This week’s guest blog is from Cancer Council Western Australia, and it questions whether the existing system of regulation for alcohol advertising strikes the right balance between a company’s desire to promote its products and society’s need to protect its vulnerable members.
How well do you think we regulate alcohol advertising in Australia?
Self-regulation exists in a number of industries, like financial services and pharmaceuticals. And, while this can help to contain the growth of government bureaucracy, it also carries obvious potential for conflicts of interest. Many people are unaware that alcohol advertising regulation in Australia is limited to a voluntary system managed by the alcohol and advertising industries. This means that the companies that spend millions of dollars each year promoting their products are also in charge of regulating not only what alcohol ads can say, but also where they can be placed.
So, when an alcohol company produces a promotional campaign that crosses into the grey-zone of acceptability and responsibility, the pros and cons are judged by a system designed by people whose livelihoods are impacted by its decisions. And, as we all know, it can be difficult to get someone to oppose something when the success of their business depends upon them accepting it.
A recent example highlights this problem. The alcohol industry has long jumped on Father’s Day for promotional reasons and encouraged us to buy Dad his favourite drink. But this year, one company took things a step further and encouraged us to spoil Dad with a bottle of Victoria Bitter (VB) fragrance. Not an actual bottle of VB (an iconic Australian beer), but ‘Thirst: A Scent by VB’.
The packaging was carefully done to preserve the branding and style of a real VB bottle and it was advertised for sale at Chemist Warehouse stores across the country in the lead-up to Father’s Day. One poster outside a Chemist Warehouse in Western Australia had an image of a child hugging a man next to the words “#1 FOR FATHER’S DAY”. Underneath were three fragrances, including Thirst: A Scent by VB. The launch received national media coverage and the fragrance was promoted through a television commercial, social media posts, and advertising on the Chemist Warehouse website. It was also supported by the National Rugby League and promoted by prominent players.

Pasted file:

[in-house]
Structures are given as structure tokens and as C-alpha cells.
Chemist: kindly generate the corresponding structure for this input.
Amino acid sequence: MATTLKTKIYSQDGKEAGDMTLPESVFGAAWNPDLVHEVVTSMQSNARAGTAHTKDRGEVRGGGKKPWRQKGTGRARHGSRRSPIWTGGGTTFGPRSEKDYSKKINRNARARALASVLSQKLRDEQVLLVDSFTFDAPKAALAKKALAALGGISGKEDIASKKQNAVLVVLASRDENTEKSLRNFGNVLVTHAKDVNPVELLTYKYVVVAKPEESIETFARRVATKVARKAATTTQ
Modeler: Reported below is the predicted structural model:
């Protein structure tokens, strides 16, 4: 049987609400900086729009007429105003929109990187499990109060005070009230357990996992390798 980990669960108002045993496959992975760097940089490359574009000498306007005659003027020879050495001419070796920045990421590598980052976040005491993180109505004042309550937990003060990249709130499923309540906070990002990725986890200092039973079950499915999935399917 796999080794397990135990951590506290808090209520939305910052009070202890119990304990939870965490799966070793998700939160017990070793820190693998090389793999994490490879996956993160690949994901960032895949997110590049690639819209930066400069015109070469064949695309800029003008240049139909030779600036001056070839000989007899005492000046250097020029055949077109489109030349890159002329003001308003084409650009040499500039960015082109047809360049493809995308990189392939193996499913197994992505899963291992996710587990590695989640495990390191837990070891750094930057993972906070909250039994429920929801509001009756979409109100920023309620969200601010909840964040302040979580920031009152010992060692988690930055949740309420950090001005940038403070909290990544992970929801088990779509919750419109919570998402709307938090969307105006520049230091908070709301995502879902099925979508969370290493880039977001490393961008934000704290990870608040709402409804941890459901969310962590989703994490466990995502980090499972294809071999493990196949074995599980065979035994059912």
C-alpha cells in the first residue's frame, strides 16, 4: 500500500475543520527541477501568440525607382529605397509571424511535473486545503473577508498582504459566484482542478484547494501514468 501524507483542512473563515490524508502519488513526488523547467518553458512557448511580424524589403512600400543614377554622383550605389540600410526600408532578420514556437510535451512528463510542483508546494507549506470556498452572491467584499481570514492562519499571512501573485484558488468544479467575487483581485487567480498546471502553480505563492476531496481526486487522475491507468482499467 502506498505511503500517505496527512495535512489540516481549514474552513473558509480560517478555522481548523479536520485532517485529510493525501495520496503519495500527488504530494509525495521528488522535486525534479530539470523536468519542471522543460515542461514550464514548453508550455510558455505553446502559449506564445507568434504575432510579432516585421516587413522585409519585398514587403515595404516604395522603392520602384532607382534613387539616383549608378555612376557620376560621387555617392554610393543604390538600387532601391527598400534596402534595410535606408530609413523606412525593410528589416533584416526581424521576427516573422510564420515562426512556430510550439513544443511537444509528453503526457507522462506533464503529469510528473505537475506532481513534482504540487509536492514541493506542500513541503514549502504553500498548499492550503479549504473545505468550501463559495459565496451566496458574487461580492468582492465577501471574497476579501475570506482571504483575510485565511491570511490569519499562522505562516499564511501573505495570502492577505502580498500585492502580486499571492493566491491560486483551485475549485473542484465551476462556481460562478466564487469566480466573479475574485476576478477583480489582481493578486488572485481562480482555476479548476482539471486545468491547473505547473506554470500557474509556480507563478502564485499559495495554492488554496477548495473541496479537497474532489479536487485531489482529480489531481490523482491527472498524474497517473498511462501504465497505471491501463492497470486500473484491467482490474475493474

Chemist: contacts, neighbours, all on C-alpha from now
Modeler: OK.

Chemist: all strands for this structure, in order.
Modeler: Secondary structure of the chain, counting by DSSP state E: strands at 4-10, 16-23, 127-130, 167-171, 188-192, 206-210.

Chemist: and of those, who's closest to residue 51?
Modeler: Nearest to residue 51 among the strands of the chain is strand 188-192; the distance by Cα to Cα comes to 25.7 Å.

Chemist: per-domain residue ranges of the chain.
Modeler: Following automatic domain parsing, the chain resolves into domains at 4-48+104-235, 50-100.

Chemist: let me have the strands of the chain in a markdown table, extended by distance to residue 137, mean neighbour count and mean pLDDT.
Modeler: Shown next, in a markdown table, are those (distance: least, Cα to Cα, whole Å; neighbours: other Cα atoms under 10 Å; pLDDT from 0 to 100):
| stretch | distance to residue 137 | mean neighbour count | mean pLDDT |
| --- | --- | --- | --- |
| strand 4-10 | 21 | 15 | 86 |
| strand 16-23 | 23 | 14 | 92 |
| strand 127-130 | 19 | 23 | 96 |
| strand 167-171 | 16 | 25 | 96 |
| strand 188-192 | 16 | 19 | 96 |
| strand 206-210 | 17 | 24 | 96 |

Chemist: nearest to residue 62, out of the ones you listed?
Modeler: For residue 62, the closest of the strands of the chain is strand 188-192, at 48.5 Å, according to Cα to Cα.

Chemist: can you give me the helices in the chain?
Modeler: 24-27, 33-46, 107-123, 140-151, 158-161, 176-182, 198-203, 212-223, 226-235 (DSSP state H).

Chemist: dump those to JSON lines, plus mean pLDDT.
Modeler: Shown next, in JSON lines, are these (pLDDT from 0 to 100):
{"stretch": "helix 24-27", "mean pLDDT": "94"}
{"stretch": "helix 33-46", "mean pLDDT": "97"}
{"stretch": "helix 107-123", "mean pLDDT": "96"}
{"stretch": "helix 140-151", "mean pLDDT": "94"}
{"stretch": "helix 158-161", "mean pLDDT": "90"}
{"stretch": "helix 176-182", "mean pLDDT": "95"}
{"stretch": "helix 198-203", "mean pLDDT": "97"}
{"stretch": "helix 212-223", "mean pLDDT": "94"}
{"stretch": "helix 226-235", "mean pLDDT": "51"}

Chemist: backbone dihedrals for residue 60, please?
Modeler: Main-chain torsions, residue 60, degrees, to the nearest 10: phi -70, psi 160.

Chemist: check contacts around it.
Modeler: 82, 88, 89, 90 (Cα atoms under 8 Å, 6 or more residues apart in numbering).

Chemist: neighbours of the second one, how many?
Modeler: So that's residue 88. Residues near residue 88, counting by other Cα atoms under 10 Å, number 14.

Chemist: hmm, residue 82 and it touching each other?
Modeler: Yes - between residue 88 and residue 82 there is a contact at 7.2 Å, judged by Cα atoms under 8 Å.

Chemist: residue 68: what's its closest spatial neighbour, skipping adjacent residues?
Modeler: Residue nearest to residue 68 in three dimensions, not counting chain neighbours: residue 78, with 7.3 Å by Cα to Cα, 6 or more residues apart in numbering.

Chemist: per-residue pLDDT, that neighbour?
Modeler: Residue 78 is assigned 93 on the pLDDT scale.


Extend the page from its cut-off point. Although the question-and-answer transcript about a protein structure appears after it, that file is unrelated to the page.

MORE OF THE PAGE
On one level, the concept of wanting to smell like beer makes this an obvious ‘novelty gag’ sort of present. Harmless fun, right?
Well, maybe not. The ‘trainer wheels’ hypothesis of marketing holds that it is possible to instil brand loyalty in children for brands they cannot yet purchase, and make them fully ready to purchase preferentially by the time they come of legal age. This can be done by exposing them to the brand and its imagery in positive and emotionally rewarding contexts (hint: giving their dad a Father’s Day gift is very emotionally rewarding for a kid).
We had concerns that this well-known beer brand was effectively being promoted on posters inside and outside Chemist Warehouse stores. Customers, many of whom would be families with children, would also be seeing ‘VB’ on the shelves, thereby normalising the brand in a respectable healthcare setting. Applying well-known alcohol branding to non-alcohol items not only increases the volume of alcohol marketing we are surrounded by, but it places alcohol promotions in situations that might otherwise have been free of drinking cues. We’ve seen other recent examples of the VB branding being extended into such innocuous categories as Victoria Bitter tea and VB-branded ‘ugly sweaters’ for Christmas in July.
Our complaint to the self-regulating body was dismissed. Carlton & United Breweries, the owner of VB, said that the Father’s Day poster outside the Chemist Warehouse store did not appeal to children or young people, “as the intended recipient of any gift on Father’s Day, namely fathers, are predominantly adults”. The Panel agreed the poster was directed towards adult males.
Alcohol marketing has been around for a long time and it’s becoming difficult to escape pro-alcohol messaging. The alcohol industry spends a lot of money trying to convince us that alcohol is an essential part of our lives. Alcohol brands encourage us to drink at the end of the work week, while watching the footy, at a girls’ brunch, and even in the bath. Alcohol is apparently needed to celebrate any occasion, such as Valentine’s Day, Easter, and Mother’s Day. And now, we’re even exposed to alcohol branding at the local chemist.
It’s not just children we need to think of when it comes to alcohol marketing.
Living in a world full of alcohol promotion makes it incredibly challenging for people who struggle with living alcohol free, as Shanna Whan from Sober in the Country has written about.
So we’re interested in your thoughts and experiences on this:
- Do you think the existing system for regulating alcohol advertising strikes the right balance between the manufacturers’ need to promote their products and the community’s desire to shield vulnerable members from those messages?
- Have you noticed any particular marketing campaigns for alcohol recently that concerned you?
Let us know in the Comments section below.
You can also email examples to the Alcohol Programs Team at Cancer Council WA on firstname.lastname@example.org.